‘Regardless, We Will Worship God:’ Jeff & Vanessa’s Journey of Faith

By: Kristin Mudge

Jeff and Vanessa Crabtree are a talented and passionate Christian couple who found The Salvation Army while looking for creative faith-based ways to make an impact in their community. They jumped in with both feet, getting enrolled as soldiers, starting music programs and band camps at the corps and regional levels, and then Jeff became a divisional music specialist in the Texas Division for several years, providing vision and creative solutions through programs and the use of technology in instruction.

Feeling called to new challenges and horizons, Jeff and Vanessa moved to Arizona to see what God had in store for them next. Neither of them could have imagined what was coming.

On December 5, 2022, Vanessa was involved in a car accident while loading her car. She was airlifted to a hospital in Tucson having sustained 12 broken or fractured ribs and paralysis below the waist.

A couple of days later Vanessa underwent surgery where the doctor removed a fragment of bone that was piercing her spinal cord. They repaired the area and secured her spine with metal plates and screws. The doctor informed them that there was a hematoma on the spinal cord that would take time to heal and slow down the process of regaining function, saying that healing would take many months and even up to a year.

A week after the accident Vanessa was able to have her first full physical therapy session: learning to get out of bed. She says being upright and sitting on the edge of the bed for the first time in a week (with help) was, “wonderful, scary, and exhausting.”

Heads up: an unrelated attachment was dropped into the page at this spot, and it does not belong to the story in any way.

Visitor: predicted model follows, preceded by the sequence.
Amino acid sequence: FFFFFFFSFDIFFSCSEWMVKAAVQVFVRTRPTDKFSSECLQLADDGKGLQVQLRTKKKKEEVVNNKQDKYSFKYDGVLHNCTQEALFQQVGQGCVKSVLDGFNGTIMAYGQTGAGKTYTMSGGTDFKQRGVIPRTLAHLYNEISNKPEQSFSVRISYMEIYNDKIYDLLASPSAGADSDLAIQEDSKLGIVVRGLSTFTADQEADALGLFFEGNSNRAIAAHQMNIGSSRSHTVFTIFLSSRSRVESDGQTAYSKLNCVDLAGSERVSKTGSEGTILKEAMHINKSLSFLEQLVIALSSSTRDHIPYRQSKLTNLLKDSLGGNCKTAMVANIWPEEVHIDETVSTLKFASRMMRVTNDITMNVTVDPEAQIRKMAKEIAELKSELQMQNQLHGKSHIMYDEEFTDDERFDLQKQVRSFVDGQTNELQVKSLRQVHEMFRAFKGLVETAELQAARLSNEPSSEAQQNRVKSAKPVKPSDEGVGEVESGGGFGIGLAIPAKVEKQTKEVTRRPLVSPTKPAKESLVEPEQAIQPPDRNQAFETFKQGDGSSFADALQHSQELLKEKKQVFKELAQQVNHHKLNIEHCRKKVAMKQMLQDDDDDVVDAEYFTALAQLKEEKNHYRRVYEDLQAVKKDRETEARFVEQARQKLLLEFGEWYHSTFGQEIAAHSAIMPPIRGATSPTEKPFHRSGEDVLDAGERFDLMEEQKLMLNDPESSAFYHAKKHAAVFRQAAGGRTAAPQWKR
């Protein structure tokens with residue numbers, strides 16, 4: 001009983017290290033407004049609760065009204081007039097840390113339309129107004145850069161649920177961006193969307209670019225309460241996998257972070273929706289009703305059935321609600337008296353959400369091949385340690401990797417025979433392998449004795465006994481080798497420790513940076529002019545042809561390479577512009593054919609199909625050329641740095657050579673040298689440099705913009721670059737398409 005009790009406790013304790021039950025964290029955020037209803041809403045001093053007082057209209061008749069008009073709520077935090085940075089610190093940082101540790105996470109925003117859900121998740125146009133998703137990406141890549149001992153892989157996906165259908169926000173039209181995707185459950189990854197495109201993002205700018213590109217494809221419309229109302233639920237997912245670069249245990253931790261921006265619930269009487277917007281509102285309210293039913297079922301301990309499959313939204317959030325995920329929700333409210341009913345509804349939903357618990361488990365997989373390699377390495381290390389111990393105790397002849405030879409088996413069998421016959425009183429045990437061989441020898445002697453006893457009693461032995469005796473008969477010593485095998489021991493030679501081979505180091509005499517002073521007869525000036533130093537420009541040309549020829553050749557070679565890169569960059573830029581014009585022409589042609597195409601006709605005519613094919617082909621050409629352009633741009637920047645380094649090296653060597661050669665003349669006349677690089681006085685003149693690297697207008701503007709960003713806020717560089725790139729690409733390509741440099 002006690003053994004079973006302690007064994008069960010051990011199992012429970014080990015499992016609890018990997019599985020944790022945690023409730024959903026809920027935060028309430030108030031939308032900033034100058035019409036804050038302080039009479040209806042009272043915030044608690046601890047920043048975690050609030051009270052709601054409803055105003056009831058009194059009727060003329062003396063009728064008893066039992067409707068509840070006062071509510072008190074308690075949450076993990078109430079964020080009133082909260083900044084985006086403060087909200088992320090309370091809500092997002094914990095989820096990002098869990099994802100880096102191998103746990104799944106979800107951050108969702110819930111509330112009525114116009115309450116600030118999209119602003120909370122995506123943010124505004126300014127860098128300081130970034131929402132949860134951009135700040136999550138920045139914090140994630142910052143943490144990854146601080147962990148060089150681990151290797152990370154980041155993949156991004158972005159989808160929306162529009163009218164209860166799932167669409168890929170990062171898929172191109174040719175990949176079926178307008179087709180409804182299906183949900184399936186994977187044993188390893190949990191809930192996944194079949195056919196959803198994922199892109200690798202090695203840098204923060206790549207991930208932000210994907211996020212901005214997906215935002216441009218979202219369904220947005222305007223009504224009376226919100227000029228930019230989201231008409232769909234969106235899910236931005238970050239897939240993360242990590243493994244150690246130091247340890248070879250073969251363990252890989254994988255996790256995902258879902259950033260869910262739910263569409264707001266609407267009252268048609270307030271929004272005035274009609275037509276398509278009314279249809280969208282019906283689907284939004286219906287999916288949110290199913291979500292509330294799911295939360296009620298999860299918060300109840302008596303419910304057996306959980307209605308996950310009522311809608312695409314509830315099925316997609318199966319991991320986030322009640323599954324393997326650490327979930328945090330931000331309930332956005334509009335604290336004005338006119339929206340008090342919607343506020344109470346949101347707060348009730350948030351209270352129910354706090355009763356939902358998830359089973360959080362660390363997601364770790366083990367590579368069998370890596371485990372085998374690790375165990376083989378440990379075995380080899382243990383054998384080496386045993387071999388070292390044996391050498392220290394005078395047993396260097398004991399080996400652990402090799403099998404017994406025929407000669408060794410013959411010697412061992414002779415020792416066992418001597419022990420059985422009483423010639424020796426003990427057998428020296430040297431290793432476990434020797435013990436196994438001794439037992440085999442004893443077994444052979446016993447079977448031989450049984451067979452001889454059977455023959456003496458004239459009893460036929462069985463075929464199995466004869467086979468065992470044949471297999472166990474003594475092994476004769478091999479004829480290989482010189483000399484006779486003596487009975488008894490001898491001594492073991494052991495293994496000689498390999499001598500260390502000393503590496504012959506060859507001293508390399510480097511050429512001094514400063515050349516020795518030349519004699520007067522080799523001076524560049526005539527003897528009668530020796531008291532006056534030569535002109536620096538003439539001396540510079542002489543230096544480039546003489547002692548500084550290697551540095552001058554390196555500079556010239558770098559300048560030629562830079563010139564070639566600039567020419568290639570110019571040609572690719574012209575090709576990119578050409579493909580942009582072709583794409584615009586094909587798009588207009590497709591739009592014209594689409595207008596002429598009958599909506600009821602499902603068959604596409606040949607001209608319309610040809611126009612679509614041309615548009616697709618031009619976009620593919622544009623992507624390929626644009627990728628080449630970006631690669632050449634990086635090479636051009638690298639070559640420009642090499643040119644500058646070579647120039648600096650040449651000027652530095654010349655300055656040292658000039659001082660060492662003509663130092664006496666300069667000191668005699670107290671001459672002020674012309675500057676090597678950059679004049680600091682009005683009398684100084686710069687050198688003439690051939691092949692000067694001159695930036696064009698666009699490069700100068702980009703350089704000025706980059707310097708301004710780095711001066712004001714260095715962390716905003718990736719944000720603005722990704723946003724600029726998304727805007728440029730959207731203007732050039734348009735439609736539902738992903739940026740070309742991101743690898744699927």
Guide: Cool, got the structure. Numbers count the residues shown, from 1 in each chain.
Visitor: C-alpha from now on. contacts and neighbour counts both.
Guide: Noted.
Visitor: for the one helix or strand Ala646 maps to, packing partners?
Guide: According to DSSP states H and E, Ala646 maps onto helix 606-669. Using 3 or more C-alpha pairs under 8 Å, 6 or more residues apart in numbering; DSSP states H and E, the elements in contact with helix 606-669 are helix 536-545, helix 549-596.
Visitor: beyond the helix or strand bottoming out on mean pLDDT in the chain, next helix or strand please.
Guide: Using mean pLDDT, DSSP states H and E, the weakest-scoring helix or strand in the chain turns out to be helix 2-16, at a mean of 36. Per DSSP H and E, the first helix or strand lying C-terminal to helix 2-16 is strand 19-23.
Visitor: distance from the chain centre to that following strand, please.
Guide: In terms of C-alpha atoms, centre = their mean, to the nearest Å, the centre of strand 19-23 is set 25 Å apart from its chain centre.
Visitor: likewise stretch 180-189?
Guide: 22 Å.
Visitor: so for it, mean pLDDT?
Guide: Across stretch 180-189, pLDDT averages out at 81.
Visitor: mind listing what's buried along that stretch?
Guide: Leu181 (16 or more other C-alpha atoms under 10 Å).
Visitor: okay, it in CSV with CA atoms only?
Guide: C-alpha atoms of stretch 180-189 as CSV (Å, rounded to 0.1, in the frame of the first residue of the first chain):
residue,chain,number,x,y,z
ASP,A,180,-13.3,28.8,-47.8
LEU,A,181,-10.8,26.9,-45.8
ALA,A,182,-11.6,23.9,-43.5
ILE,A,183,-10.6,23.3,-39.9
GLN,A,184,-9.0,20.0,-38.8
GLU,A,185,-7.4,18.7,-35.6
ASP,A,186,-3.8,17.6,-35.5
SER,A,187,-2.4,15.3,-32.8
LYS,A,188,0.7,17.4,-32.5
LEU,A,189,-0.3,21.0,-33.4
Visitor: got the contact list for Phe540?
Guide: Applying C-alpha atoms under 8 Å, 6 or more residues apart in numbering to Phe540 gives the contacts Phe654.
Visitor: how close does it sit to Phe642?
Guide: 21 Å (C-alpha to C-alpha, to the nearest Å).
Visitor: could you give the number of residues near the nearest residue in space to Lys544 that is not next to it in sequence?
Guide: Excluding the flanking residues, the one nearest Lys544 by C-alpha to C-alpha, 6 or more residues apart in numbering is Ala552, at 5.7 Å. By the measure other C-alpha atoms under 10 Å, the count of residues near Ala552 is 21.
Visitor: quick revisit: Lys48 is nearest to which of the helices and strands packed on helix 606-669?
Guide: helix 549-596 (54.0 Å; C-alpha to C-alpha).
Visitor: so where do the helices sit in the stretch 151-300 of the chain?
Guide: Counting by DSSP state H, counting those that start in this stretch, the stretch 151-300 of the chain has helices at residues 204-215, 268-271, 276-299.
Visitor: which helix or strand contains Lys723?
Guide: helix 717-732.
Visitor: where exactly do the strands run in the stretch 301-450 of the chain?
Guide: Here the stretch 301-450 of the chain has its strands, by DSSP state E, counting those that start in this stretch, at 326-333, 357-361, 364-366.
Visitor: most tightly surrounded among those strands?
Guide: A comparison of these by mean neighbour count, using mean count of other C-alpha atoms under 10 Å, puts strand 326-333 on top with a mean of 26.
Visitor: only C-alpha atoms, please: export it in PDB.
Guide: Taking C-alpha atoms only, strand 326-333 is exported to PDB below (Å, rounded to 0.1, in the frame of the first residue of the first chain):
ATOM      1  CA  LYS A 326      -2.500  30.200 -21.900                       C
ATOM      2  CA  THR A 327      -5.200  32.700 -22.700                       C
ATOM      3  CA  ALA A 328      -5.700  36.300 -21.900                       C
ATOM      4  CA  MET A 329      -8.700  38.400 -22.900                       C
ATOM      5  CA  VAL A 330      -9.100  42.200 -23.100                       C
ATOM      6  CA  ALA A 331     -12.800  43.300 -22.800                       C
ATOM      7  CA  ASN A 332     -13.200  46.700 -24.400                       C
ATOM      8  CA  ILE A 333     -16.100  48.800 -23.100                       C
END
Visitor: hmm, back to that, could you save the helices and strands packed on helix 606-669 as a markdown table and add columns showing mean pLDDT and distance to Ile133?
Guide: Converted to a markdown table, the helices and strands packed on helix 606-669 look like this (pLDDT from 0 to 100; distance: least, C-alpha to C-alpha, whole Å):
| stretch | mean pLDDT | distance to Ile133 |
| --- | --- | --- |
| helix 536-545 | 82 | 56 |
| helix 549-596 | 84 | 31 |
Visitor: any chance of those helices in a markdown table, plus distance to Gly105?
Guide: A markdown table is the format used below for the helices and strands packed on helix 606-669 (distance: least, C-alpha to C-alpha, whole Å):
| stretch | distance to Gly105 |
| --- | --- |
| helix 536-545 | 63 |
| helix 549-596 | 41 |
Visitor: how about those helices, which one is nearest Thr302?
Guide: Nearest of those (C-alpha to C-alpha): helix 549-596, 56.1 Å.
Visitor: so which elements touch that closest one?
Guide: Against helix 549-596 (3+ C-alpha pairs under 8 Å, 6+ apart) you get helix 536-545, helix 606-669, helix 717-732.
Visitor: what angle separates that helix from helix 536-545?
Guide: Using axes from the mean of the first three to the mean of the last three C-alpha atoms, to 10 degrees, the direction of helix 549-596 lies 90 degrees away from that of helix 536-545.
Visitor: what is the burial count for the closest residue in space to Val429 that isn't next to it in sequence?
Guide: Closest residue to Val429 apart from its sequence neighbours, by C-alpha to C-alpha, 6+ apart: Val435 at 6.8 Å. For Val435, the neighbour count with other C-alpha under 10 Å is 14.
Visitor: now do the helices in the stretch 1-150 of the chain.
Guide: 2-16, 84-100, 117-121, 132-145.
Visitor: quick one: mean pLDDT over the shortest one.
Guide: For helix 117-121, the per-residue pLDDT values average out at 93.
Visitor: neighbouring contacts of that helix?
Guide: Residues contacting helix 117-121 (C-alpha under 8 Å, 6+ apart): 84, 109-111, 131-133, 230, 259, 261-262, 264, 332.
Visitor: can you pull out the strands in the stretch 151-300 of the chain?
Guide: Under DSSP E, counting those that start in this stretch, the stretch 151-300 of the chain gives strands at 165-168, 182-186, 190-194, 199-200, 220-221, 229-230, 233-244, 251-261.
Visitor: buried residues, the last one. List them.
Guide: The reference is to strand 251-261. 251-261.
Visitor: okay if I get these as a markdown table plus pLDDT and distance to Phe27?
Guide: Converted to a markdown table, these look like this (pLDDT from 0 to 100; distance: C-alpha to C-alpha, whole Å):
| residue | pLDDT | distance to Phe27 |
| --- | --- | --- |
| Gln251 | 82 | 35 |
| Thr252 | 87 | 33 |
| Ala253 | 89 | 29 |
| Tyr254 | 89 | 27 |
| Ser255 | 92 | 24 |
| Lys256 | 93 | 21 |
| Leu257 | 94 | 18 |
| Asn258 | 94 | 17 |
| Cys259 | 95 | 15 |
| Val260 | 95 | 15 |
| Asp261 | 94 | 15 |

They were finally able to transfer from the hospital to Barrow Neuro-Rehab for inpatient physical therapy just before Christmas. Vanessa wrote on December 26, “I had therapy Christmas Eve, and again today, the day after Christmas. I’m able to balance a lot better already and am feeling more comfortable in a sitting position. In therapy I played catch—a surprising core workout when you don’t have use of your legs. There may even be some tingling sensations just a little lower than there were before.”

Those tinglings led to a tiny hope for the future and what that could mean for physical recovery.

“Hope is a tricky thing,” Vanessa continued. “Now, hope feels more real, and sometimes offensive. I do hold hope that I may walk again, in one way shape or form. But hope is also different than expectation—I don’t EXPECT that I will walk again. Moments after my accident, realizing I couldn’t feel my legs, I knew it likely meant I’d be in a wheelchair the rest of my life.”

Vanessa explains that her injury is defined as a level T12 incomplete. Everything is normal until just under her bellybutton, where things begin to feel abnormal. “Eventually in my thighs and my knee depending—it’s a little lower on my right side—that’s when I start to have no sensation at all.” She says that at the top of her thighs where she doesn’t necessarily feel her muscles the sensation is like, “your foot fell asleep but is also sunburned at the same time.” She continues on to say that this nerve pain will be just a part of life moving forward. Vanessa spent just over a month in inpatient rehab, learning new skills ranging from getting out of bed, putting on clothing, and even standing in an assisting frame. She of course learned to pop her first wheelie early on in the process.

If you’ve ever met Vanessa, you are fully aware of her sense of determination in all aspects of her life. Physical therapy was no exception. She was bound and determined to work as hard as she could to become independent and return to “normal” life as soon as possible. All that hard work came with plenty of pain and frustration, Vanessa says. “[The physical therapists] all reiterated how normal it is for me to have the feelings I’m having, and that it is okay to have those feelings—feelings of being overwhelmed, frustration, grief, anger, sadness, loss. The difficult feelings are there, alongside my excitement when I’m accomplishing more than I thought I would in therapy.”